A lot of us have stopped. Maybe doing some of the activities we were doing before, whether it was running, or walking, or hiking. We need to find things that are pleasurable, that are good for us. We need to take care of our sleep.
So if you're having problem with sleep and many of us are, we need to look at programs that help us with that. Things simply called sleep hygiene. How do I sleep better? Do I need more intensive solutions to my sleep problem, like cognitive behavioral therapy?
But then other things that I can do, are find things that are pleasurable. Do I like to read? Do I like the Journal? Do I take up a new hobby? Maybe painting. Maybe whatever is pleasurable to you.
And then there are many, many techniques that we can learn. Things like deep breathing exercises, things like visualization techniques, mindfulness, meditation, prayer. All of these things are important. What's more important is, find the one or two that help you and that you're willing and able to do, and that you do regularly. And I think, that will help with stress and stop watching the news.
Now turn off that cable TV. I've said that a number of times in my speeches, I couldn't agree with you more. So this is maybe a sensitive one, but I'm going to read it and I'd love your thoughts on it. How do you address cultural synchronicities?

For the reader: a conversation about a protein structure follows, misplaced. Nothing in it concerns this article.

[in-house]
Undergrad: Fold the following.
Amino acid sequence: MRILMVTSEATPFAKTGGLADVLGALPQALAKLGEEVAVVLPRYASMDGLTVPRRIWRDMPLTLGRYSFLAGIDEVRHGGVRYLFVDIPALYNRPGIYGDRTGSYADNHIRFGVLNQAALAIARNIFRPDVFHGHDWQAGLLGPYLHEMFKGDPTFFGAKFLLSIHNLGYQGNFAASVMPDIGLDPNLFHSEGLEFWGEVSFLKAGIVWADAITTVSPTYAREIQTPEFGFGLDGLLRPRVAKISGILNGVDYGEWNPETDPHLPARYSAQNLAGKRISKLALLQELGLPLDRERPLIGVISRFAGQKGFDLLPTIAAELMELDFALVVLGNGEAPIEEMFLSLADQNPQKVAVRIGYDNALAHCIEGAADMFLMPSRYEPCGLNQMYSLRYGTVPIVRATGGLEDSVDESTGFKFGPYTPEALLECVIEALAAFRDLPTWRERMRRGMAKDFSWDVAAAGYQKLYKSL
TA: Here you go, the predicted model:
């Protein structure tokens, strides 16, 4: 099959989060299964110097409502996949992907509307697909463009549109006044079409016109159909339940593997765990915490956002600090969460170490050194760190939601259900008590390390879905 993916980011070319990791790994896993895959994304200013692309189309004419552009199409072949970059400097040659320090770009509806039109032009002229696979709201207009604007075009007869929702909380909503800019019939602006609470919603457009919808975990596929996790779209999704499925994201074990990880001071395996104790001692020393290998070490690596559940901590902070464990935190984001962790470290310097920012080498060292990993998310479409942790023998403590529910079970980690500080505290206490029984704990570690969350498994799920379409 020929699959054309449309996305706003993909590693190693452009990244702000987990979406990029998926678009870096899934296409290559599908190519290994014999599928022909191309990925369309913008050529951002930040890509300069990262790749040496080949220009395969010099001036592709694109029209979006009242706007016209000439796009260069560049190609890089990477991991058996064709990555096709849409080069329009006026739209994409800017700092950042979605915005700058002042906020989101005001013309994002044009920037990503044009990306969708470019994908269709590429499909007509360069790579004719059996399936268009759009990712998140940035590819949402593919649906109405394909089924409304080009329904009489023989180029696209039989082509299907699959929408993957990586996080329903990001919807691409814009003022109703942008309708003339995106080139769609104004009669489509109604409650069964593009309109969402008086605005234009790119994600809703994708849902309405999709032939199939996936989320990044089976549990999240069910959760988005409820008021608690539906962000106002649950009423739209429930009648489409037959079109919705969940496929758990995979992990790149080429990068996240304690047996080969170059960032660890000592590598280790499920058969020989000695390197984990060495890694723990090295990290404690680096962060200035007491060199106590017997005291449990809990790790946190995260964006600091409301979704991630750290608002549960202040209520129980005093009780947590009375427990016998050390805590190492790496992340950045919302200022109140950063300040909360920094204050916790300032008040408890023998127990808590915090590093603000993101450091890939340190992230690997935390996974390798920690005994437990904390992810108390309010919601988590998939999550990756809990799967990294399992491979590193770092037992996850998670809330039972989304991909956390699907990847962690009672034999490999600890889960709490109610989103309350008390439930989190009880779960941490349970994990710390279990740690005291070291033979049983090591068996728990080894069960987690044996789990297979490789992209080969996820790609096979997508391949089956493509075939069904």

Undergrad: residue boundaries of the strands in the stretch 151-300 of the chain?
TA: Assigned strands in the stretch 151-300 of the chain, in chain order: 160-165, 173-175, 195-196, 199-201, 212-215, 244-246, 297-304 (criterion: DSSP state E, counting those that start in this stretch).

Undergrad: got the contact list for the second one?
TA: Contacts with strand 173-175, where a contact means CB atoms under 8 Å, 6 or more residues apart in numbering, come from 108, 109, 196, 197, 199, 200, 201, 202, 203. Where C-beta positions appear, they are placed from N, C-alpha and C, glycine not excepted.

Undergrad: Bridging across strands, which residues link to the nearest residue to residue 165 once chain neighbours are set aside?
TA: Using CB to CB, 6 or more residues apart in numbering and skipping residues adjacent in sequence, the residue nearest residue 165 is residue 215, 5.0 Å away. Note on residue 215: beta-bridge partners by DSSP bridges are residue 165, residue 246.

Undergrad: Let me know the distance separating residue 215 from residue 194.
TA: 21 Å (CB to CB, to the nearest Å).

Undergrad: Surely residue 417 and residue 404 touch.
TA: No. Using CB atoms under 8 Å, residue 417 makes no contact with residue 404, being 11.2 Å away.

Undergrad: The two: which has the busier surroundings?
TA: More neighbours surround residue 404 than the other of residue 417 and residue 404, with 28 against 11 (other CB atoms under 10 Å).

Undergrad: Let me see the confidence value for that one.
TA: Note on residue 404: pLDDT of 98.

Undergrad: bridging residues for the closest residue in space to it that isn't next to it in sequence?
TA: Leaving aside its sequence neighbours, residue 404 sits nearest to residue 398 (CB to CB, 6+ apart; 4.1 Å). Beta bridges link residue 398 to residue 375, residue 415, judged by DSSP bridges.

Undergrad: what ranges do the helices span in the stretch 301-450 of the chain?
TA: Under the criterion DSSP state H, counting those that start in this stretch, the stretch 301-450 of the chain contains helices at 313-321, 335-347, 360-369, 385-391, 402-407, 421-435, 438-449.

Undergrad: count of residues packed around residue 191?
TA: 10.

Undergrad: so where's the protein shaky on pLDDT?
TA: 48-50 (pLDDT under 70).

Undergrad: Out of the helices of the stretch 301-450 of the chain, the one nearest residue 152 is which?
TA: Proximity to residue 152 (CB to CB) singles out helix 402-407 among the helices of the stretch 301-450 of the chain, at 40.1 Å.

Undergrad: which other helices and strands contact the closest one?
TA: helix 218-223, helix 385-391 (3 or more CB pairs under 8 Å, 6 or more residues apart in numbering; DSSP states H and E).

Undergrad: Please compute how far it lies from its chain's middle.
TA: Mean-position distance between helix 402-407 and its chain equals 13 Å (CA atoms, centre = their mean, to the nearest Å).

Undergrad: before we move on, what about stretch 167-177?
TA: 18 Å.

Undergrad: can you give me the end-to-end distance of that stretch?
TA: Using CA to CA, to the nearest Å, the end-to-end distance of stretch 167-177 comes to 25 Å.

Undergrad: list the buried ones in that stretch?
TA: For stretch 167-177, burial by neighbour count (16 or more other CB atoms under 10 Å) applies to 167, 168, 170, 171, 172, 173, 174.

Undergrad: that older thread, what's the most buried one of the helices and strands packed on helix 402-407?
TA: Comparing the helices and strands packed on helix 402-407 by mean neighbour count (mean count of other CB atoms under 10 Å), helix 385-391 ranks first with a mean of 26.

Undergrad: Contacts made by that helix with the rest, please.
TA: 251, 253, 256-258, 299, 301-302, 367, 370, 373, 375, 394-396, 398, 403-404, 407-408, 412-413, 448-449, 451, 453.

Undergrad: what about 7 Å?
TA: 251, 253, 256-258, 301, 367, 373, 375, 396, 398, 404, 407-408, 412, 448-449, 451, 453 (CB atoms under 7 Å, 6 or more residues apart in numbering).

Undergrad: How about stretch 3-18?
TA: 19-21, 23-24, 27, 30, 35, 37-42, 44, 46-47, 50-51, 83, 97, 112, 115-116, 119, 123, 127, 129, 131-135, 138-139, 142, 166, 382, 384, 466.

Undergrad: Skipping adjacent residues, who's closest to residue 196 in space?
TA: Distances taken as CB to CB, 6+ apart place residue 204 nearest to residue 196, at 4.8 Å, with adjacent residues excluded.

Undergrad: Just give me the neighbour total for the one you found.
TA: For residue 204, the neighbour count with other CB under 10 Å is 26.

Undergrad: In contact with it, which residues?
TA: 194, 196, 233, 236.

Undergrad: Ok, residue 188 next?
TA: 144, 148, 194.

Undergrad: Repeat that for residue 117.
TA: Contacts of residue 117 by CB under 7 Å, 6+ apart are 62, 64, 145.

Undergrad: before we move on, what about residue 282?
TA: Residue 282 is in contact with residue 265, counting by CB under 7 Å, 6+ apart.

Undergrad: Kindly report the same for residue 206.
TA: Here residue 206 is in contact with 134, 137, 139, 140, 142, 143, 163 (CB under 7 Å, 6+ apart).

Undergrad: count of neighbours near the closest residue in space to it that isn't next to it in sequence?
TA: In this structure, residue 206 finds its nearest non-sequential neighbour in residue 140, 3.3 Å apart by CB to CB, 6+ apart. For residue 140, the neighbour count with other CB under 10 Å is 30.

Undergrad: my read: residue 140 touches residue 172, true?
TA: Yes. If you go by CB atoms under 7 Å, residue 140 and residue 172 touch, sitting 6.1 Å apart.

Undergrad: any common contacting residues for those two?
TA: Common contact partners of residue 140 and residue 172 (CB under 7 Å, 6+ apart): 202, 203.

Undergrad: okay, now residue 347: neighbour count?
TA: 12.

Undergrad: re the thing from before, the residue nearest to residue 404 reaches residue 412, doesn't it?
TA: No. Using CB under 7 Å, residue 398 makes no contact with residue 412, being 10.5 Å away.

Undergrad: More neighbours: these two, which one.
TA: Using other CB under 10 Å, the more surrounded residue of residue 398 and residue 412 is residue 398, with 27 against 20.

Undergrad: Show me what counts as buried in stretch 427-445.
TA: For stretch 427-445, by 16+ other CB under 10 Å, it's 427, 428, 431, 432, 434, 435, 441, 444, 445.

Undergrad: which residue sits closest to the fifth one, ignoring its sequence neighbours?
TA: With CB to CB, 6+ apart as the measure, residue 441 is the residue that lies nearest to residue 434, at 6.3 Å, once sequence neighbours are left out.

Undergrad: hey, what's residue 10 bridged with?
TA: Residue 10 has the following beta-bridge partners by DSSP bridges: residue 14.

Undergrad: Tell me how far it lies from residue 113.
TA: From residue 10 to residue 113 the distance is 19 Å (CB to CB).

As a component of reintegration. So we all come from different cultures, different backgrounds and we all accept stress and have resiliency and different levels. So what about cultural idiosyncrasies?
Sure, and again, COVID because it's a worldwide problem. And we've been seeing it develop over a period of months in different places has been a laboratory to look at that. We see some. We see some cultures, that are much more rule oriented, and they behave very differently than cultures maybe a little bit more like ours that are more rule breaking. And so this is something that we experience even in this country.
Are there some of us who tend to be more rule breakers than rule makers, or rule followers. There's going to be a difference in how we respond to the infection itself, to the transmission, to the--